Two needed days off back in Antholz will conclude my week of racing in Ruhpolding. The sprint on Wednesday was a good effort and I was very satisfied with my shooting. I am quite tired from holiday travel and training over the past few weeks, so stretching, sauna, jogging, napping, movie watching and reading is in order for the weekend.
And now UPDATED with photos from the week:
The scene when you head into Ruhpolding's Cheimgau Arena packed with fans ready for the night's event.
During training, the coaches are lined up behind their scopes watching shots and monitoring training. Our coaches are not hard to miss in our bright turquoise suits.
Ruhpolding is a fairly small venue that packs its fans in tight. These stands are not far from the shooting range, so that they can get a close up experience of the drama of biathlon race. As you race, weaving around large crowds, you are likely to get whaffs of brats and beer, be ushered along by massive waving flags hung on fishing poles, and even a receive a deafening blow from the loud, loudspeakers positioned throughout the course providing race commentary and Euro tunes, or even the numerous noisemakers and whistles favored by the die-hard German biathlon fans.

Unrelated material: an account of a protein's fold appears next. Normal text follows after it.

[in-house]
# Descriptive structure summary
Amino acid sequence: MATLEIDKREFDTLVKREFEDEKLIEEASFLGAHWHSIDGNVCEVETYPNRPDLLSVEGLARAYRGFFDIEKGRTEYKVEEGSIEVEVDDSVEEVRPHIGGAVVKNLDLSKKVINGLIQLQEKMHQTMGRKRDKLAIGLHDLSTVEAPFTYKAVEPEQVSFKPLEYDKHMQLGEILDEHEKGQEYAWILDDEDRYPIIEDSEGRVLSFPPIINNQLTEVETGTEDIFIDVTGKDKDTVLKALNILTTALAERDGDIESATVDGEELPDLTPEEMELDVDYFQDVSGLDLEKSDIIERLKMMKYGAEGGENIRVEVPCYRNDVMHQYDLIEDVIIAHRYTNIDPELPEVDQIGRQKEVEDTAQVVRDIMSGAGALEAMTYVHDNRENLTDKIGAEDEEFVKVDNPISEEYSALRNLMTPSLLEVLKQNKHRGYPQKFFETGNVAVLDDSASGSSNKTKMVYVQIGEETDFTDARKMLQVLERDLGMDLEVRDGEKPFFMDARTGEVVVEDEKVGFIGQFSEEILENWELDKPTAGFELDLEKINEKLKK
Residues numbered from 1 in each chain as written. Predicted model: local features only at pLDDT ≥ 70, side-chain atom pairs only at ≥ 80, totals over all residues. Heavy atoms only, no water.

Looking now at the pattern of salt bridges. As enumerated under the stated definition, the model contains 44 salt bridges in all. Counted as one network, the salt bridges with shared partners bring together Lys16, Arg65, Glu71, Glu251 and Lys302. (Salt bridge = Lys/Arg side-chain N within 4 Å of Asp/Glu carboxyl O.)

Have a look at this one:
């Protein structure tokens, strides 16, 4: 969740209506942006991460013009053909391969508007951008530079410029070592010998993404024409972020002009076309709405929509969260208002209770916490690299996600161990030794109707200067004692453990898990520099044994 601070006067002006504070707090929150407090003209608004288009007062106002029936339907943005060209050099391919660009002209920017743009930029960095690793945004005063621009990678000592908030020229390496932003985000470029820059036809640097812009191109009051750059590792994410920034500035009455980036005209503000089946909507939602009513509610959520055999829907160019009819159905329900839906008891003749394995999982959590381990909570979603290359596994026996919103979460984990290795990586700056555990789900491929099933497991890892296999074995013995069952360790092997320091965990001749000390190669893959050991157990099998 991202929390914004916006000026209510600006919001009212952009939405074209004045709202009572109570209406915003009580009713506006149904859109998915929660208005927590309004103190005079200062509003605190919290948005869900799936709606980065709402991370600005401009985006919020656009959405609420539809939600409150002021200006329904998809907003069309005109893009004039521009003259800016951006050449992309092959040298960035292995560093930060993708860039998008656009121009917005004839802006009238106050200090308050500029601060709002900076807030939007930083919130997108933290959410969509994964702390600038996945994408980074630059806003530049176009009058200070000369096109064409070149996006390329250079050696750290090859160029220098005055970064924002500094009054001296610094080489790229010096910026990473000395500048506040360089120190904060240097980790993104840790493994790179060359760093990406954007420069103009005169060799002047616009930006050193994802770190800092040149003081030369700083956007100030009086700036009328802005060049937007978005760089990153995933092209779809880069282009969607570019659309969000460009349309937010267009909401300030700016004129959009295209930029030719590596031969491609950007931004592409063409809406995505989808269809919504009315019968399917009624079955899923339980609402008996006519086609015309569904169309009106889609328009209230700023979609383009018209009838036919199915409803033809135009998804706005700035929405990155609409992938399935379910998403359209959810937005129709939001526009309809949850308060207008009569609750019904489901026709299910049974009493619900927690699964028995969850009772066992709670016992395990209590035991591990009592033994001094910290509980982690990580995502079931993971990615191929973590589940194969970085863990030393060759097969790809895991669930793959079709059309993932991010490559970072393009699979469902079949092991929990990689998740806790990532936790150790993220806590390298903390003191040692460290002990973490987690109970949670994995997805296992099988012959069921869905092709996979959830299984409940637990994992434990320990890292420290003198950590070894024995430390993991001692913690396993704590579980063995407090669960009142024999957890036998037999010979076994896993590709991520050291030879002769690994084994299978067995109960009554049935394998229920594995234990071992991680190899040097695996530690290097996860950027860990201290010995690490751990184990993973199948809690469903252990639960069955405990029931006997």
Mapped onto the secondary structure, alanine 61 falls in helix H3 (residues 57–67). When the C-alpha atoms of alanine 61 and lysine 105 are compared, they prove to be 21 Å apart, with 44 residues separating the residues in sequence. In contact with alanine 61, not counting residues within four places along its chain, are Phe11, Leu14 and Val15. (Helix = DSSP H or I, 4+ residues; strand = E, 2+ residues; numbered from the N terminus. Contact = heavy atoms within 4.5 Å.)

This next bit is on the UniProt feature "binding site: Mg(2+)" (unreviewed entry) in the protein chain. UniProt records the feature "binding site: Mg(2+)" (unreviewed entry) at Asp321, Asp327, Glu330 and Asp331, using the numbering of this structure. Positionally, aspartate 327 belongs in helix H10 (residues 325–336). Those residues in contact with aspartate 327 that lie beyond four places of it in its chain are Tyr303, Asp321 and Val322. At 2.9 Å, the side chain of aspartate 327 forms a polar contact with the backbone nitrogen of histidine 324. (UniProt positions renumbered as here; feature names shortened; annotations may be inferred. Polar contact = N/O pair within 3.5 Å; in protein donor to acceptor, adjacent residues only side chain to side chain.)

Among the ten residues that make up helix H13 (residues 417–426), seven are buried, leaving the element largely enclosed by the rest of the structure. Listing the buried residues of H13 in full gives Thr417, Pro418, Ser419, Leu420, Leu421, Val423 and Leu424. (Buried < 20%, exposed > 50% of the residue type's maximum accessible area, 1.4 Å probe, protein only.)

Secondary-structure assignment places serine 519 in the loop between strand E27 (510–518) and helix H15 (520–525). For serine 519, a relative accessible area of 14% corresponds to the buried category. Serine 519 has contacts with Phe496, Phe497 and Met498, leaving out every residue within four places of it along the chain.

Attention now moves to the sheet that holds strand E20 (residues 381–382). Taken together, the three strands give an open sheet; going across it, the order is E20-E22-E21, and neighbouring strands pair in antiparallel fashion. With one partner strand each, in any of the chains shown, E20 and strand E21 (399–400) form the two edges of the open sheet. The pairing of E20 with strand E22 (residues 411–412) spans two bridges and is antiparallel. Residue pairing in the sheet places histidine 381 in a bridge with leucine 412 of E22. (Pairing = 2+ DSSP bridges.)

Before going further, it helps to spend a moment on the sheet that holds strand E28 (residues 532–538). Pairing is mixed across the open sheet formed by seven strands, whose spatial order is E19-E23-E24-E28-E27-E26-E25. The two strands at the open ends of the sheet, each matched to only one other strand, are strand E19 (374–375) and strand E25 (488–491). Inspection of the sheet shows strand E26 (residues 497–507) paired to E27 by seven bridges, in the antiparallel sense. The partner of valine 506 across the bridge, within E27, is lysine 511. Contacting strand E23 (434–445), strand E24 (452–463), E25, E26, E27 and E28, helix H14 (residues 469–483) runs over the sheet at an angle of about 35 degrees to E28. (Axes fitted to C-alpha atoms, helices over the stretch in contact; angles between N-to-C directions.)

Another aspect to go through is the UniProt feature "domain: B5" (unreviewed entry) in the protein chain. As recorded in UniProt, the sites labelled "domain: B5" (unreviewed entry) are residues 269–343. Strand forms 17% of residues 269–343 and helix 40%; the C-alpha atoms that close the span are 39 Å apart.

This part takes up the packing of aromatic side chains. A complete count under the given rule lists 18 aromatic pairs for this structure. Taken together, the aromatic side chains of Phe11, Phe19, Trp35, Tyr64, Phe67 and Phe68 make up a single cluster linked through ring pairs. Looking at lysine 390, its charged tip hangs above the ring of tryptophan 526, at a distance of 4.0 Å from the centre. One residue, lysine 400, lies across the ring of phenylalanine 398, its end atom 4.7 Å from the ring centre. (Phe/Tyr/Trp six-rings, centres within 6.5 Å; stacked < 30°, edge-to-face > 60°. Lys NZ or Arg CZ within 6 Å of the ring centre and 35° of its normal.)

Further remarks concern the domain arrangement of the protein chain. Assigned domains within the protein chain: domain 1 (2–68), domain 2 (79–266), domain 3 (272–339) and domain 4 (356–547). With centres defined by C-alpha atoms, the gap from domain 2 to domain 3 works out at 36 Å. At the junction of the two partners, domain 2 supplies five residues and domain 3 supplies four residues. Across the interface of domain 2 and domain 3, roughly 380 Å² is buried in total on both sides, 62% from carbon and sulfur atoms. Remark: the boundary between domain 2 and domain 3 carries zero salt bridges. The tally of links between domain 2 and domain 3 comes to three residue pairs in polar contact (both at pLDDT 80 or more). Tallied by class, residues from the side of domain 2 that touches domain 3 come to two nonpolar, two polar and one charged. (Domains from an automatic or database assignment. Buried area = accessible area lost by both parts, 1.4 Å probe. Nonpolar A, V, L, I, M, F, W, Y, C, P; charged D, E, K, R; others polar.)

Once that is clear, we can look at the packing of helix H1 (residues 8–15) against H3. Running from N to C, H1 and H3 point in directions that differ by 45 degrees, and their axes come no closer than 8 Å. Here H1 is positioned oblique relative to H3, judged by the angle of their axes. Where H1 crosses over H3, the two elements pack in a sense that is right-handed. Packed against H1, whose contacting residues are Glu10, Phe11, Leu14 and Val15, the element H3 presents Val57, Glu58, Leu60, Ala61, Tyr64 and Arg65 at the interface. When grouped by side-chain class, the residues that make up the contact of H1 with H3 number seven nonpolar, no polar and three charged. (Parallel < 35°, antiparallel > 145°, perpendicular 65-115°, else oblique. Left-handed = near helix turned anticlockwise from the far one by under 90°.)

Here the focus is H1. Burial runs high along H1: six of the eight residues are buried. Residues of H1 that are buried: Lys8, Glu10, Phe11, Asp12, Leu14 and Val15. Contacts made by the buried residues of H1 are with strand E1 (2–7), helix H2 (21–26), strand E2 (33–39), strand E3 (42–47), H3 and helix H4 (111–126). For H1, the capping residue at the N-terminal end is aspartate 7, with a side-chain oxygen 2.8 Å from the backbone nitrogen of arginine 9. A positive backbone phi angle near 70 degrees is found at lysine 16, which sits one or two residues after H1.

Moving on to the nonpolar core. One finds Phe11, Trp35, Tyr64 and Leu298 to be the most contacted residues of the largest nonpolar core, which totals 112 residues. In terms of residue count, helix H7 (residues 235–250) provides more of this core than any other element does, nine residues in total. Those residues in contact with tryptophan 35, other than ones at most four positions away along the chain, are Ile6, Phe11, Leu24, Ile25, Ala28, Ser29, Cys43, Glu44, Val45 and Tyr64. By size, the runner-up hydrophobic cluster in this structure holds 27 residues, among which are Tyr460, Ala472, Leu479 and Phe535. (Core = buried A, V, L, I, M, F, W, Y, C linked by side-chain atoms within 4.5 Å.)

Looking down range as one the Canadian women shoots during training.
Racing at night is fun in and of itself, but when your trail is lit up bright has day, the excitement is elevated to an even higher feeling. Unfortunately, I did not benefit from the uplifting atmosphere as much as I would have liked, but that's okay - next time. BUT - our men's team did! The raced a great Relay and finished 6th - a season's best and a great result heading towards the Olympic relay in just one month!
Ruhpolding's venue is multi-purpose; part of our course uses the bottom of the ski jump outruns.
Post-race: did I mention the die-hard German fans? Here is Kati Wilhelm from the German women's team handing out autograph cards after our sprint race: